I went to the Game On 2.0[a] exhibition at National Museum of Science and Technology[b], and was planning to post some photos and a short writeup. But today it's impossible to write about games without also mentioning the cultural changes happening in the medium.
Briefly, what was once an exclusively young male pursuit, that was also seen as socially deviant, is now becoming mainstream. Thanks to the proliferation of smartphones among other things, more people than ever before have been exposed to the idea of interactive computer entertainment - and they have enjoyed it. A small, isolated group of people in their own little bubble on the fringe - the "gamers" - have had their bubble burst and its content exposed to the outside world. Usually, the fragrance that comes out of these bubbles tend to be anything but pleasant. Isolation and withdrawal from normal feedback loops causes cult-like behavior: conspiracy theories and hatred of "the others" are common to the extent that their absence is the exceedingly rare exception.
"Gamers" were no exception.
It is a sign of how far the gaming medium has advanced when people that are outsiders start to take notice. Anita Sarkeesian[c], for example, holds a BA in Communication Studies at California State University Northridge and a master degree in Social and Political Thought at York University[d]. She started analyzing the contents of games from the perspective of how men and in particular women were portrayed in her Tropes vs. Women[e] series and on her Feminist Frequency[f] website.
This is a service to the community. Make no mistake about it. I'm convinced that her work will contribute to the improvement of games and of the tech industry in general. The more sources that are available, with more viewpoints, with higher quality - the better for us all.
Among one of the more telling arguments used to brush her off I find the accusation that she "isn't a real gamer" - which is sort of the whole point of her work: to provide a perspective that is severely underrepresented in the self-selected "gamer" community, by a person who isn't a fan. The accusation reveals just how insular and inbred the gamer community is. After having claimed games to be an art form (and not a nerdy hobby for social rejects), the gaming community seems unable to accept that games will be treated and analyzed just as every other art form, by people who are not dedicated fanboys.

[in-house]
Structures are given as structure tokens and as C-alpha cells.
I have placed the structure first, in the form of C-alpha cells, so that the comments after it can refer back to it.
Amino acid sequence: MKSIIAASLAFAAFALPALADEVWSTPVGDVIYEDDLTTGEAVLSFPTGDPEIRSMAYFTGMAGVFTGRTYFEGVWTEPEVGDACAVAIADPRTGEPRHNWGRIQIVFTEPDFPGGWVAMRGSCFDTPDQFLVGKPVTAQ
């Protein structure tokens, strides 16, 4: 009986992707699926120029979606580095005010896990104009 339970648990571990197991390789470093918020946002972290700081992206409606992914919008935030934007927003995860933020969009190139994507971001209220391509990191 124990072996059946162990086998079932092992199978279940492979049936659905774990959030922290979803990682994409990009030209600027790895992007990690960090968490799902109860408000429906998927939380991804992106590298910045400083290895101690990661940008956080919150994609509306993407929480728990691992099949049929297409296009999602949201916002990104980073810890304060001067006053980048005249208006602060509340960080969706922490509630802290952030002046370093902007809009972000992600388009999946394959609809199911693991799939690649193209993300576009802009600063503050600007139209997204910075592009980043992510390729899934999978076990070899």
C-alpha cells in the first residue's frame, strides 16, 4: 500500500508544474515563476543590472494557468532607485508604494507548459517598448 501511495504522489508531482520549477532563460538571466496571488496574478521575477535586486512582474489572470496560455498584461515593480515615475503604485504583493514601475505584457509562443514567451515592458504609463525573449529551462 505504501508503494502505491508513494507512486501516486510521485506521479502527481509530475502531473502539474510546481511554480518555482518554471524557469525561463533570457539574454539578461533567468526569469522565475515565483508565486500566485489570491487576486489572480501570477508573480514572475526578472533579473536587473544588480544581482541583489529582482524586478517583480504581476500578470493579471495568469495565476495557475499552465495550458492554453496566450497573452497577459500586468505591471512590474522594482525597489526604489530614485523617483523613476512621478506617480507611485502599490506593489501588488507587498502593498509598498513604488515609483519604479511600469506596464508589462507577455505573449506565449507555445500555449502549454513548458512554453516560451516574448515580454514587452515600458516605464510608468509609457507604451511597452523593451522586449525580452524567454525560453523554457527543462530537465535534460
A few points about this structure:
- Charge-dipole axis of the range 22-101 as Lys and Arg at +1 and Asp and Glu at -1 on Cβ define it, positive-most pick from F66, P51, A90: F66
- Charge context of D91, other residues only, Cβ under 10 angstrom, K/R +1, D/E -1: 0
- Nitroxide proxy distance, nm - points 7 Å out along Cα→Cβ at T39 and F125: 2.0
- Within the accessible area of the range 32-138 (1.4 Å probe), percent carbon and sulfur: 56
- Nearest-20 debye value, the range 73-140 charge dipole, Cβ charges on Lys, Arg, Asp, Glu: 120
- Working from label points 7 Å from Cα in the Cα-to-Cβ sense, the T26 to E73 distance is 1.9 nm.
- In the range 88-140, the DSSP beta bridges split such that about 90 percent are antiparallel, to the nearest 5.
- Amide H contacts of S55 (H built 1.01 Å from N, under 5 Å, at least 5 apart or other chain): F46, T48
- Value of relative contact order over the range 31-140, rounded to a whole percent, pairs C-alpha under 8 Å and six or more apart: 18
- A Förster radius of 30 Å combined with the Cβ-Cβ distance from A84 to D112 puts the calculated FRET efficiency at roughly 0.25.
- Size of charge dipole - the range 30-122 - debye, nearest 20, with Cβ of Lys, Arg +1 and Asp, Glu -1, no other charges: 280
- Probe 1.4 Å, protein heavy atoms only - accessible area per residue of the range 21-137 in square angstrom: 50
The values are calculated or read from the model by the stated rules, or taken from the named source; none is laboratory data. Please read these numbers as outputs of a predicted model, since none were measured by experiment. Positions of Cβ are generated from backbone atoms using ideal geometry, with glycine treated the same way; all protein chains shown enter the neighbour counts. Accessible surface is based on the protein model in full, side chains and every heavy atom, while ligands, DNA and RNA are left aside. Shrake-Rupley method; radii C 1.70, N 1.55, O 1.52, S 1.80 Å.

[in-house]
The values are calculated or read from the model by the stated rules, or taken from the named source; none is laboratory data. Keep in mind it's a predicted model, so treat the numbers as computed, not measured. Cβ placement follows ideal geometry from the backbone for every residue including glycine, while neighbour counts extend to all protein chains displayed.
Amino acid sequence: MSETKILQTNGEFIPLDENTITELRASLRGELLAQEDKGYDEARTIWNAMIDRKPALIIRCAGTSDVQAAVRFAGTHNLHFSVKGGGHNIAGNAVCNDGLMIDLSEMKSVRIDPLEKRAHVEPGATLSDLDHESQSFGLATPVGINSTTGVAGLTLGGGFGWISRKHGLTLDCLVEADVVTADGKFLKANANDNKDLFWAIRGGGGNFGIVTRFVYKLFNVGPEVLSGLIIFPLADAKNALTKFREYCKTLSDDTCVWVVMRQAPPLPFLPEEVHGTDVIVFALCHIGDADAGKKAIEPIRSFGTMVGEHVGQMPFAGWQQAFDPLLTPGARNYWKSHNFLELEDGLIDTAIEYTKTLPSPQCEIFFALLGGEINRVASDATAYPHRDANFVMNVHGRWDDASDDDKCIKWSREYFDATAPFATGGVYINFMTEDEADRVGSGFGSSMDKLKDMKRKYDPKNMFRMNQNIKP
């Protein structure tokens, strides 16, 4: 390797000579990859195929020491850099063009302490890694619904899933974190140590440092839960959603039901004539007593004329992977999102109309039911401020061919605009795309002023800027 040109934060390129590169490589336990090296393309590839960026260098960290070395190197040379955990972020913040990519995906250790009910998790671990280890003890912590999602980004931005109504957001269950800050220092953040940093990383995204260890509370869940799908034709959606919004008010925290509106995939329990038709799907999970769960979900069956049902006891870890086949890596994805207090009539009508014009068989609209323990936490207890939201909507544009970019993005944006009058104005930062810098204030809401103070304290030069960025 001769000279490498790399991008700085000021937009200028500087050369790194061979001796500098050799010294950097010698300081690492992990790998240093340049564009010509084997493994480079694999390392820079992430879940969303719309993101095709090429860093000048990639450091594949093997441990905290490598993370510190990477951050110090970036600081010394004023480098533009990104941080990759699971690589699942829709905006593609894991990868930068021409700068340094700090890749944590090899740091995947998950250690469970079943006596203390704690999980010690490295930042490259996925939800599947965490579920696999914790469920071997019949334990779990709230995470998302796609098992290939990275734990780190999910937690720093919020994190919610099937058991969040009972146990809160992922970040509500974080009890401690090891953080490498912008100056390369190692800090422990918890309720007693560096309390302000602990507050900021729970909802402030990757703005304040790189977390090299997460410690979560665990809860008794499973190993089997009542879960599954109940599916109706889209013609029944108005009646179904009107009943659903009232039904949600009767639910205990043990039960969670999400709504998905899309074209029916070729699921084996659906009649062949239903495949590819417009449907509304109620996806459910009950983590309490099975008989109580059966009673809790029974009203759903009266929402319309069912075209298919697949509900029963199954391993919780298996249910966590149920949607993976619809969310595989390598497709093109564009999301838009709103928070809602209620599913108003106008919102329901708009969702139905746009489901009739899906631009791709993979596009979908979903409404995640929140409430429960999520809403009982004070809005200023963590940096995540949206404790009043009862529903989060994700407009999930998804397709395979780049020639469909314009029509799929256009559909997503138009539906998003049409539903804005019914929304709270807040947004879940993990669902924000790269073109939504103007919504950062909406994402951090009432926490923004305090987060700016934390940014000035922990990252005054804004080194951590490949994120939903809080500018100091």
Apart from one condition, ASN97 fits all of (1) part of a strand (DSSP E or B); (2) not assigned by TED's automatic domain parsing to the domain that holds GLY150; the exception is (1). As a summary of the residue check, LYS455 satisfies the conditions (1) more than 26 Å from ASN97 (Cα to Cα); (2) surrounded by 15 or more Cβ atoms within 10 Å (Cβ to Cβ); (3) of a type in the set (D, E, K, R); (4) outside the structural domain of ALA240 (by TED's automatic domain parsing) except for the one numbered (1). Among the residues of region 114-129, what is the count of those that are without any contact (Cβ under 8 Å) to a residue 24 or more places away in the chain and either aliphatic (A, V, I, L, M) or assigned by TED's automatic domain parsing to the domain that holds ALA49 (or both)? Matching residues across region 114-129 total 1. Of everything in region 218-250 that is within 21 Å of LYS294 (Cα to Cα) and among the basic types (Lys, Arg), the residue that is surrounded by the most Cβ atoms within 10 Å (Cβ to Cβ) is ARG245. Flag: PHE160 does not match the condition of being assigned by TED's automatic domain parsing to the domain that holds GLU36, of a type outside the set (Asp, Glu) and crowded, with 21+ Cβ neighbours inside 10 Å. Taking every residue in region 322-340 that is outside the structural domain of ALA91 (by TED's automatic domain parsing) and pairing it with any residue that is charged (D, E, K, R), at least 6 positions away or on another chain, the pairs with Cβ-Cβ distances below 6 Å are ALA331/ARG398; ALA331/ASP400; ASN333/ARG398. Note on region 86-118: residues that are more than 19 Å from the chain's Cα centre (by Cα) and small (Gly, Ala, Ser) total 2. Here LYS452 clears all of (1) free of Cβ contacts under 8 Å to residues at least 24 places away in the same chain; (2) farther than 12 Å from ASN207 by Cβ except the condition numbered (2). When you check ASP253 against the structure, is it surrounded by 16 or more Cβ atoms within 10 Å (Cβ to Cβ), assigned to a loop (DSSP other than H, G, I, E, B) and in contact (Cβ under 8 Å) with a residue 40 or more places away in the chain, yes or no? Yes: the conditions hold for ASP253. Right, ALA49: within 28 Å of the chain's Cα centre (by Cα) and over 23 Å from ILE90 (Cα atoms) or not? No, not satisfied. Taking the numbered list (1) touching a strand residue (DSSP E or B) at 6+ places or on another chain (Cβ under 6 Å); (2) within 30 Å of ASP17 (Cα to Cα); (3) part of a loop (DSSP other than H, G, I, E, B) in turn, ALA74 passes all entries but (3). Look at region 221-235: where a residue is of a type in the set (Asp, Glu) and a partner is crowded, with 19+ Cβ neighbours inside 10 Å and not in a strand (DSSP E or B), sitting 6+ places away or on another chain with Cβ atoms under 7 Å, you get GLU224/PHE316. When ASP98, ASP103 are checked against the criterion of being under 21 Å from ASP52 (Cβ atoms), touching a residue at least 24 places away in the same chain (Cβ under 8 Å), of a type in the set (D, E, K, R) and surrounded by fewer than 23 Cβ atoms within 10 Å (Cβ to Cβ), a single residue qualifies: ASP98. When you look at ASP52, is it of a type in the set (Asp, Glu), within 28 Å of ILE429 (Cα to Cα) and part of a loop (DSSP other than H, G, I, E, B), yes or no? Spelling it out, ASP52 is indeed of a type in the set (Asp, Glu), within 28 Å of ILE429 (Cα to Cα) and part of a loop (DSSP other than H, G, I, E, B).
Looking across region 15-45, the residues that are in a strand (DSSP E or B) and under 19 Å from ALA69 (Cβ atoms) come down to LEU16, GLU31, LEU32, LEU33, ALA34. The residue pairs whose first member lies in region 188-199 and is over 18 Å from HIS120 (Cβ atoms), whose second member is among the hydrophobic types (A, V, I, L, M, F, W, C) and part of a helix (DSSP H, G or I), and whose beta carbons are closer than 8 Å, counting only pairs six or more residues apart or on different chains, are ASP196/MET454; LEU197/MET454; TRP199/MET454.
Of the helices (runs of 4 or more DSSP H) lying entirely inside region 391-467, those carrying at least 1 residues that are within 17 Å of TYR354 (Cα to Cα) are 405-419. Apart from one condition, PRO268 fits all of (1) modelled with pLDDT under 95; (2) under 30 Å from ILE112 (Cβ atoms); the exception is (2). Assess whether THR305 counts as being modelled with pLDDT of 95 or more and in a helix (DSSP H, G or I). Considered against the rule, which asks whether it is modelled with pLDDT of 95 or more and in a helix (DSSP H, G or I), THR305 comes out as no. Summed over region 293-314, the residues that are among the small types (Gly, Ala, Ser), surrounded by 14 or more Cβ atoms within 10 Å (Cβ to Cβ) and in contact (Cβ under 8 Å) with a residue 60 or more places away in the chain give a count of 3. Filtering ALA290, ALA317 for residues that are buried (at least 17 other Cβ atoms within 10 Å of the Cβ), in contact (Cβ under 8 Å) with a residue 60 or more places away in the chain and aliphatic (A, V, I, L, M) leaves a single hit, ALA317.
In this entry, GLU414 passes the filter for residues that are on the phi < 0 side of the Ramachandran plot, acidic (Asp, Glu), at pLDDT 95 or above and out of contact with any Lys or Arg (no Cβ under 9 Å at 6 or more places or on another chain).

Is it a minority that do these death threats? Sure. But let's not kid ourselves that those people came from nowhere. The difference between them and the average "gamer" is primarily one of degree, not kind. Their beliefs are simply an extreme point of the beliefs that are common within the "gamer" community. An industry that thought Duke Nukem Forever, with its violence against women, was a good idea, and where misogyny has been rampant for years[i], can't claim surprise when violent misogynists turn up in numbers in its midst. They are there because they felt invited and at home there.
Fortunately, attitudes are not static, and those who realize that being in that reeking bubble wasn't doing anyone any good have also started taking action. Industry heavyweights like Tim Schafer[j], Joss Whedon[k], Andrew G Davis[l] have come to Sarkeesian's support. Steve Jaros, developer of Saints Row, lays down a masterclass in how to take criticism.[m] She won the 2014 Game Developers Choice Ambassador Award[o]. Even if you're not an industry heavyweight (and most of us aren't), there are things you can do:
One of the most radical things you can do is to actually believe women when they talk about their experiences[p]. I hope she'll fight on, because, well as I said...
"I think it's fair to be called out on your shit," he said. "I think that it's a sad man that can never be self-reflective. I think that we tried to go and carry ourselves with respect, and try to respect sexuality and respect gender as much as we can, and sometimes we fail but hopefully we'll do better and continue to get better."